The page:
• Thursday, July 18, 2024
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UNGA and the parade of speakers

UNGA and the parade of speakers

The United Nations General Assembly (UNGA) is a gathering that includes all presidents and heads of government from the 193 recognized independent countries around the world. It can be seen as a form of world government, as it operates on a “one-man-one-vote” or “one-head-of-state-one-vote” system, which is considered to be a democratic approach.

The UNGA is actually quite interesting when you take a closer look. While it may seem like it holds all the power, the truth is that the real power lies with the 15-member National Security Council. This council consists of five permanent members – the UK, France, USA, China, and Russia – who have a significant say in decision-making.

While the UNGA may seem like a democratic gathering, the power dynamics behind the scenes tell a different story

Now, here’s where it gets a bit arbitrary and outdated. The other 10 members of the council rotate among the rest of the UN members. This arrangement was actually put in place after World War II, favouring the victorious nations. However, it’s worth noting that some major players in the global economy, like Germany, Japan, Australia, Canada, Italy, and India, are not included as permanent members. Africa is not represented as a permanent member.

Read also: Tinubu to UNGA: Africa doesn’t wish to replace old shackles with new ones

So, while the UNGA may seem like a democratic gathering, the power dynamics behind the scenes tell a different story. It’s a complex system that could definitely use some creative rethinking to better reflect the realities of our modern world.

The 78th Session of the United Nations General Assembly recently concluded in New York. During this session, world leaders came together to participate in high-level discussions on global issues, with a focus on the theme “Rebuilding Trust and reigniting global Solidarity: Accelerating Action on the 2030 Agenda and its Sustainable Development Goals towards Peace, prosperity, progress, and sustainability for all.”

The United Nations General Assembly (UNGA) of 2020, was marked by significant discussions on various global issues. The COVID-19 pandemic and the Russian-Ukraine War were prominent topics of debate. The world is currently facing unprecedented challenges, including the perils of climate change, increasing inequality, and setbacks in global progress. These issues were at the forefront of discussions during the UN General Assembly. Additionally, the session took place during a time when the Earth was experiencing accelerated global warming. This has led to worsening poverty, food insecurity, and escalating humanitarian needs due to conflicts, inflation, and other factors.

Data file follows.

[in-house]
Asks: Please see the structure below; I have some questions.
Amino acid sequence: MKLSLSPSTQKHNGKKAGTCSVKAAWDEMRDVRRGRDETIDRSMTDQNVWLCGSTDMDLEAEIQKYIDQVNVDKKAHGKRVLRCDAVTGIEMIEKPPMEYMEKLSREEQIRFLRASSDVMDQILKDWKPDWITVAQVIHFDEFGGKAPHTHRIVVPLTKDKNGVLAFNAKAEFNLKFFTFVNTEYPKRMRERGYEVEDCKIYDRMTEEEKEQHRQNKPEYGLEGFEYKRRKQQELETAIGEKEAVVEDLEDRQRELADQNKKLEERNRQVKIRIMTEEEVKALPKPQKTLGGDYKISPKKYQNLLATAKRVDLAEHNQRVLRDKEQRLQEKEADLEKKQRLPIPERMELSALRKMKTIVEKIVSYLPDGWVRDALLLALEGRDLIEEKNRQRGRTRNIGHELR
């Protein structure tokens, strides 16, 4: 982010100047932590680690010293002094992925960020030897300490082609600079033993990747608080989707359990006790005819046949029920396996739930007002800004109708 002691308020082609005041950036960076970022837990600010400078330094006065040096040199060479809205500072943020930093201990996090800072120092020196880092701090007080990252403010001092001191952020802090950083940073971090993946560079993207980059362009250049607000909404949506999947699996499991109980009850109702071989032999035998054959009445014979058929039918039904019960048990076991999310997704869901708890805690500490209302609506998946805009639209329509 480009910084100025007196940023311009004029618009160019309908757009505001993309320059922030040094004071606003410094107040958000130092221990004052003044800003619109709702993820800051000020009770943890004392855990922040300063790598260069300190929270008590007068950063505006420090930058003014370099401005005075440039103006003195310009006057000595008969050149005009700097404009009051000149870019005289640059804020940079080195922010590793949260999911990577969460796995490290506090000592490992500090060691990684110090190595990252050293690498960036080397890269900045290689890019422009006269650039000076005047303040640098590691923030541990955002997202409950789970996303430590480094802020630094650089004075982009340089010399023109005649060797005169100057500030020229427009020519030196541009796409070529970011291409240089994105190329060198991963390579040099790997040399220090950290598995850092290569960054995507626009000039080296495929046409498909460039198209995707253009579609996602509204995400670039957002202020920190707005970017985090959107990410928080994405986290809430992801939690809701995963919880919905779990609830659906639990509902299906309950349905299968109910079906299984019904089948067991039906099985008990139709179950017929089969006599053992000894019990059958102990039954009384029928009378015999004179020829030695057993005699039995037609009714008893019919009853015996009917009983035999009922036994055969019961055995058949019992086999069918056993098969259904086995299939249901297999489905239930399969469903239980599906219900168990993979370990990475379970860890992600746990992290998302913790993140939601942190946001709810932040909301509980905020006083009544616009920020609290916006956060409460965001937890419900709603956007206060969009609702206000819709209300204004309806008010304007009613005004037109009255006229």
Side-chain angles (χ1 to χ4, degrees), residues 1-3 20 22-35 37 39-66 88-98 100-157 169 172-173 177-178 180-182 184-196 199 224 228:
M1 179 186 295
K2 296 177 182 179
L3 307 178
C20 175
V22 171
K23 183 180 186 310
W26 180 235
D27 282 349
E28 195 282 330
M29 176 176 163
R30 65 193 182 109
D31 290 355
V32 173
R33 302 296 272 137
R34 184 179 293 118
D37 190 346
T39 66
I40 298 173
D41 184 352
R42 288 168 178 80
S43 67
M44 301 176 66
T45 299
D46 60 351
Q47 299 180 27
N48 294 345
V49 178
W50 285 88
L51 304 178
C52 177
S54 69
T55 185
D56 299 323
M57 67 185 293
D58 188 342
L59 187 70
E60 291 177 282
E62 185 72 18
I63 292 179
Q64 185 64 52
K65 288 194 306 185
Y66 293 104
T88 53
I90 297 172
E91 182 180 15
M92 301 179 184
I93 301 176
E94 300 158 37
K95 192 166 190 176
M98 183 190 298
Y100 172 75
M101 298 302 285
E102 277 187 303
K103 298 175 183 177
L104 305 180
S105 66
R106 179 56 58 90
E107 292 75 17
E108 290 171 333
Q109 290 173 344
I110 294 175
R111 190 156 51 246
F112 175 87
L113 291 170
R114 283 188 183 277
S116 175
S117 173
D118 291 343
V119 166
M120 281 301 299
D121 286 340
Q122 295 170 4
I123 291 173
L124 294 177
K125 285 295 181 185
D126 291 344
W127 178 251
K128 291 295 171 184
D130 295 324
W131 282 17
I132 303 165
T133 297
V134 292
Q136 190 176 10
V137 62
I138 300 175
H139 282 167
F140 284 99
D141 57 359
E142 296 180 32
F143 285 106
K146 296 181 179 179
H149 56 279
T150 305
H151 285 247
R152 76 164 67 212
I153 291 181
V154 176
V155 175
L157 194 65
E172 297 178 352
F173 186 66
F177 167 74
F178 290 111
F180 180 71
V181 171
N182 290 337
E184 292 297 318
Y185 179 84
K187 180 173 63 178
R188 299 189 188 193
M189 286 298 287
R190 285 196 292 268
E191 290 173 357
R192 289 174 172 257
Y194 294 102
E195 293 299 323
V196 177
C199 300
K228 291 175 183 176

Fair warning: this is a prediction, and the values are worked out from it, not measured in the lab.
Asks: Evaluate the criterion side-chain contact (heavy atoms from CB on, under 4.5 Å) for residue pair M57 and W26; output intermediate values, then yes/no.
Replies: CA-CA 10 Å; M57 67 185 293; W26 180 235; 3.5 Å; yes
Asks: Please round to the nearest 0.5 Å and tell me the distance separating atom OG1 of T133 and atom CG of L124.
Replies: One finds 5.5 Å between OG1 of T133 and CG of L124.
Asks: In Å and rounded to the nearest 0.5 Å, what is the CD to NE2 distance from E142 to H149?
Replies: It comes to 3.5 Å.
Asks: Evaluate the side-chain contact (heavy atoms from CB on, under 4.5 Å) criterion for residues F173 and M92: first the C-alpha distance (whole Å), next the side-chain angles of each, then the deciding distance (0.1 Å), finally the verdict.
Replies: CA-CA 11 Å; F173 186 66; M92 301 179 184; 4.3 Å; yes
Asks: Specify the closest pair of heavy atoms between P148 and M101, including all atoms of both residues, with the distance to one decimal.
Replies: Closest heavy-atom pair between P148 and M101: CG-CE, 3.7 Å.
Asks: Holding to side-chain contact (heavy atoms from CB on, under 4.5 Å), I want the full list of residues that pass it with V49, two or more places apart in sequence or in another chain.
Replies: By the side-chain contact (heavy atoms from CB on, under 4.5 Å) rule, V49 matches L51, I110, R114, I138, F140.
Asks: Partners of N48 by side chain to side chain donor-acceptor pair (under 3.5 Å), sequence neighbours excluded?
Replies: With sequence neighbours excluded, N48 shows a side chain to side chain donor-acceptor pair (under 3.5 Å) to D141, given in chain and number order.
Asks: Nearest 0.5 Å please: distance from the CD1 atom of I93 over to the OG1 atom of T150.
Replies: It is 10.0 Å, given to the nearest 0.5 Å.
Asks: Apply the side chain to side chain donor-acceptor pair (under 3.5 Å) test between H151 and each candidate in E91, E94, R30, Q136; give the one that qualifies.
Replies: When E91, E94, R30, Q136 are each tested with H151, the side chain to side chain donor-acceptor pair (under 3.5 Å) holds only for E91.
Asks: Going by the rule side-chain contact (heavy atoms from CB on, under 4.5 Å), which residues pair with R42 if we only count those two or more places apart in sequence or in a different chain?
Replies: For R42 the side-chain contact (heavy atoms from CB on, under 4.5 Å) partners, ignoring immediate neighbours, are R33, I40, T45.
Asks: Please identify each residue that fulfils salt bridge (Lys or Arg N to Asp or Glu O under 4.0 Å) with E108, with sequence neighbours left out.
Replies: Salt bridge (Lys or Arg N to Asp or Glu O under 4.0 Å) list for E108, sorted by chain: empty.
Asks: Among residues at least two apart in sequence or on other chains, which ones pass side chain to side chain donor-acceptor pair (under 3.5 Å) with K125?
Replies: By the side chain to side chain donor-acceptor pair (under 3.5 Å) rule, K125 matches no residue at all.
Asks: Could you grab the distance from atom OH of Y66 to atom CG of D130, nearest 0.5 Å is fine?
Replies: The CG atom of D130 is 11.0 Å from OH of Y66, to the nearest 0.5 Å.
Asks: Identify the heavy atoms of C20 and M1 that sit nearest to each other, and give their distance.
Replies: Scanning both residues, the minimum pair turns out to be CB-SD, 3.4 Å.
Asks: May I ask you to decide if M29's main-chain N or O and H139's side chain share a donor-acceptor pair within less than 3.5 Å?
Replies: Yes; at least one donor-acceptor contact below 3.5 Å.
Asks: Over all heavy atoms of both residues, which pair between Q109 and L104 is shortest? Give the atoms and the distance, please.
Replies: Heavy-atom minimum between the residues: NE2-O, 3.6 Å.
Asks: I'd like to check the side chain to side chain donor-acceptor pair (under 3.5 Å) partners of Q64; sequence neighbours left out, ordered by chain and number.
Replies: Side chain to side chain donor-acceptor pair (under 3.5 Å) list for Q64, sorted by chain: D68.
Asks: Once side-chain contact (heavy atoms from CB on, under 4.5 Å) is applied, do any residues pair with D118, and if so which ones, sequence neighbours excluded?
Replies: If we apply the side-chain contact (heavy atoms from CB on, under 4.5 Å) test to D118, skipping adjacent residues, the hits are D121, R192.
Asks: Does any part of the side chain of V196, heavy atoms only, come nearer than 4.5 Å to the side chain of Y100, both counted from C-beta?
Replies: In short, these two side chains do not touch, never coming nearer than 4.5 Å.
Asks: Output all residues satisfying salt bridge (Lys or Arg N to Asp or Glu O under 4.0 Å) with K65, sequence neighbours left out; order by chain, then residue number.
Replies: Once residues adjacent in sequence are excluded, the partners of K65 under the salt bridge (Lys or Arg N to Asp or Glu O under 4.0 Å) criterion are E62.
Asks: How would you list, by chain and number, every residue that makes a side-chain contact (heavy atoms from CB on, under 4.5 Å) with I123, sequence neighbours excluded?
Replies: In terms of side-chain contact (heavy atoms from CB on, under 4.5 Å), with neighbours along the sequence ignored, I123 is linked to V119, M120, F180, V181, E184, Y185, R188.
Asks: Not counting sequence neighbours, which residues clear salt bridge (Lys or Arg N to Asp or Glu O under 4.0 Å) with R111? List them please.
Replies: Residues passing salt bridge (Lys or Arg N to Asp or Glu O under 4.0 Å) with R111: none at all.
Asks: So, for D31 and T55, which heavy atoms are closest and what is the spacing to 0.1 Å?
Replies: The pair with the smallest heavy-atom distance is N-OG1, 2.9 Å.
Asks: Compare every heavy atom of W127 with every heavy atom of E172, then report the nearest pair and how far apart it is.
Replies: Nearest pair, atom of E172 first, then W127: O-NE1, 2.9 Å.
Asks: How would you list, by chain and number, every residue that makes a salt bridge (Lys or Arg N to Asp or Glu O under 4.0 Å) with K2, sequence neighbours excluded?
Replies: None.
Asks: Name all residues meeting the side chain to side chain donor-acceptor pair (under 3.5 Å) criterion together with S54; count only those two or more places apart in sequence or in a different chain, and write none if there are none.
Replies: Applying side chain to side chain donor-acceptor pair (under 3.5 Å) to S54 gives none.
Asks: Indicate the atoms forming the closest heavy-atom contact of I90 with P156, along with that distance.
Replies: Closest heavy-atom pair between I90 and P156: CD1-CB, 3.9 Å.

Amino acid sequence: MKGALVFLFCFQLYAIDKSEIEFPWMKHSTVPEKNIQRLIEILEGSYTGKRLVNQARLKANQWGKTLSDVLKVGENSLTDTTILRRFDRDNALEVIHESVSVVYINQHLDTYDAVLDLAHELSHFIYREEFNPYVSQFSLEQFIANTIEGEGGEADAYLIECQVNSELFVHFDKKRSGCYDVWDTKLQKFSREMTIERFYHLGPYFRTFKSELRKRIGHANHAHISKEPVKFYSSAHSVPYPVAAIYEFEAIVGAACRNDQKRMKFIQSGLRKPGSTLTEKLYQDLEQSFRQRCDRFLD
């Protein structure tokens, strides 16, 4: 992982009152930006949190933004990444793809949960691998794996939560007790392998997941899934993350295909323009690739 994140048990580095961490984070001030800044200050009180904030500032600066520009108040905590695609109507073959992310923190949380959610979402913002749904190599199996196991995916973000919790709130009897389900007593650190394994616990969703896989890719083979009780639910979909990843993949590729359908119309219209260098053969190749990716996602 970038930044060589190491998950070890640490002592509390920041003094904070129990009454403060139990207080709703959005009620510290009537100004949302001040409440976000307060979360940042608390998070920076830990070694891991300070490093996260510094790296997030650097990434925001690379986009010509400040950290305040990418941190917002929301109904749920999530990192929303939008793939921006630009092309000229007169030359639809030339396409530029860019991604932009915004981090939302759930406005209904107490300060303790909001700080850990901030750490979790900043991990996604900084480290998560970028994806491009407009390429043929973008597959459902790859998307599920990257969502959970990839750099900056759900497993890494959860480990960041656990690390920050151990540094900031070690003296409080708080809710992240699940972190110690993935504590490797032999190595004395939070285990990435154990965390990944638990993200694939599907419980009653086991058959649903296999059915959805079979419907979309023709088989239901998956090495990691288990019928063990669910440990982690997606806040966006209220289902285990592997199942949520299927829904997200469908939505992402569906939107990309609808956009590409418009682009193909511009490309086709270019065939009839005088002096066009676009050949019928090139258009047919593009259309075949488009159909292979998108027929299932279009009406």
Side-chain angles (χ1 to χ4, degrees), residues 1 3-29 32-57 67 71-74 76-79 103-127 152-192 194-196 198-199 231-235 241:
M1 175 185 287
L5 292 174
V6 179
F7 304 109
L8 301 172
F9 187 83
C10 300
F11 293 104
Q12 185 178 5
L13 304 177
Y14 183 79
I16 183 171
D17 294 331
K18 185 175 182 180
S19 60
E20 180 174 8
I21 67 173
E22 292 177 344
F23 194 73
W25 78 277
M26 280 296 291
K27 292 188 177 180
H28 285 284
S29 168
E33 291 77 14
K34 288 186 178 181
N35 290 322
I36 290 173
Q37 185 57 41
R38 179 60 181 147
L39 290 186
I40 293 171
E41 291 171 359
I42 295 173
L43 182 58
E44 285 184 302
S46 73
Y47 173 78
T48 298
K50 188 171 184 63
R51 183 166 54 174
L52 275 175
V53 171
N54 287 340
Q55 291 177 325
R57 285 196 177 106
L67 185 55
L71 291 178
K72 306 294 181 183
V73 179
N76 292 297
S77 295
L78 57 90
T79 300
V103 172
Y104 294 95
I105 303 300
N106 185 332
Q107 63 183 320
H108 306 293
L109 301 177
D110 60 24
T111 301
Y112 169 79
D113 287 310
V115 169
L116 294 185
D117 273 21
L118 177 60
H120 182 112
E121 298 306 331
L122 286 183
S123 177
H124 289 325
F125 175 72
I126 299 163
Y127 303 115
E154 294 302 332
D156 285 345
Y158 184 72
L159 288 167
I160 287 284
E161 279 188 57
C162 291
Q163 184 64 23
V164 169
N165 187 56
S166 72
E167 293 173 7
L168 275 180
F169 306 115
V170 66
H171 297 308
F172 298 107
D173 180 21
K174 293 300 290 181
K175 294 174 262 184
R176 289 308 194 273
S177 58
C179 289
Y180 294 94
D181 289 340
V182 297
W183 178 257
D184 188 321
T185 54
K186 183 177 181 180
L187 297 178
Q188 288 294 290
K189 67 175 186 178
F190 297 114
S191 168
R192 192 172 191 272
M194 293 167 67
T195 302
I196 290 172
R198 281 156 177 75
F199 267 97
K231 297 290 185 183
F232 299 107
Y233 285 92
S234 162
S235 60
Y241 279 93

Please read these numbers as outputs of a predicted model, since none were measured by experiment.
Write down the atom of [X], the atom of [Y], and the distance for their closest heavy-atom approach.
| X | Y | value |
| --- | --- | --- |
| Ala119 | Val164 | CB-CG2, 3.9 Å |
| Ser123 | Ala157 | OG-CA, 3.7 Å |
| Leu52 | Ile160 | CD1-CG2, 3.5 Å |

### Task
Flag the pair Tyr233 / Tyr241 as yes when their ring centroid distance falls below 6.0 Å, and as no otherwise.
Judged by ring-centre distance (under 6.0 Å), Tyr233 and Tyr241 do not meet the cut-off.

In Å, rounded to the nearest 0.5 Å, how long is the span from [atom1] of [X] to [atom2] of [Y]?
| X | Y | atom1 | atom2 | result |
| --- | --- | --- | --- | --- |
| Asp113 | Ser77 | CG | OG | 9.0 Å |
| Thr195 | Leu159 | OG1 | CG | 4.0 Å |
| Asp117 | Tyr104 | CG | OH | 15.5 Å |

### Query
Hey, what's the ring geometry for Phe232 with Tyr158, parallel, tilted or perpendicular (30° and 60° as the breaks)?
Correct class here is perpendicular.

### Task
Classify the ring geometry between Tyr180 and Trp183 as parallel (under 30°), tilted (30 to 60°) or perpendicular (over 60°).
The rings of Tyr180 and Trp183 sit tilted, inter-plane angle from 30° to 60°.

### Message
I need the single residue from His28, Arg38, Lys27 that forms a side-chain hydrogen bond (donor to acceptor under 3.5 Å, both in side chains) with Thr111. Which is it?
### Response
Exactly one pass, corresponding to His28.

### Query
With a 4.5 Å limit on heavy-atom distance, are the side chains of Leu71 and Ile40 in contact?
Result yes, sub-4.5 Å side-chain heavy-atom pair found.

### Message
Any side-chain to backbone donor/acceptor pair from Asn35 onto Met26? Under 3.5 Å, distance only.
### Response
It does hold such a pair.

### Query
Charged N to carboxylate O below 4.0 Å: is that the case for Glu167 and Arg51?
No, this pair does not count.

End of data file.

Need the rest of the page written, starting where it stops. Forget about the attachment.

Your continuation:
Read also: 78th UNGA: Tinubu meets with OIC leadership, AU chairman

The high-level meetings during the UNGA were held amidst various global challenges. These challenges included the ongoing Russian-Ukraine crisis, emerging political crises in the West African subregion, global economic instability, and natural disasters such as earthquakes, floods, and fires. Given these circumstances, the chosen theme for this year’s UNGA is highly relevant.

Since its establishment in 1945 after World War II, the United Nations (UN) has faced criticism from international relations experts and public intellectuals. They argue that the organization has not lived up to the vision of its founders. In their view, the world today is plagued by various challenges such as inequality, poverty, hunger, armed conflicts, terrorism, insecurity, climate change, and pandemics. These issues have raised doubts about the effectiveness of the UN in addressing global problems.

During the past week, world leaders, including African leaders, have taken turns addressing the UNGA from the iconic green rostrum. These leaders have not only been speaking to the international community but also directly to their own citizens, emphasizing the importance of global issues and their impact on their respective countries. However, despite these discussions, the pressing challenges of hunger, inequality, climate change, and insecurity continue to loom over the world.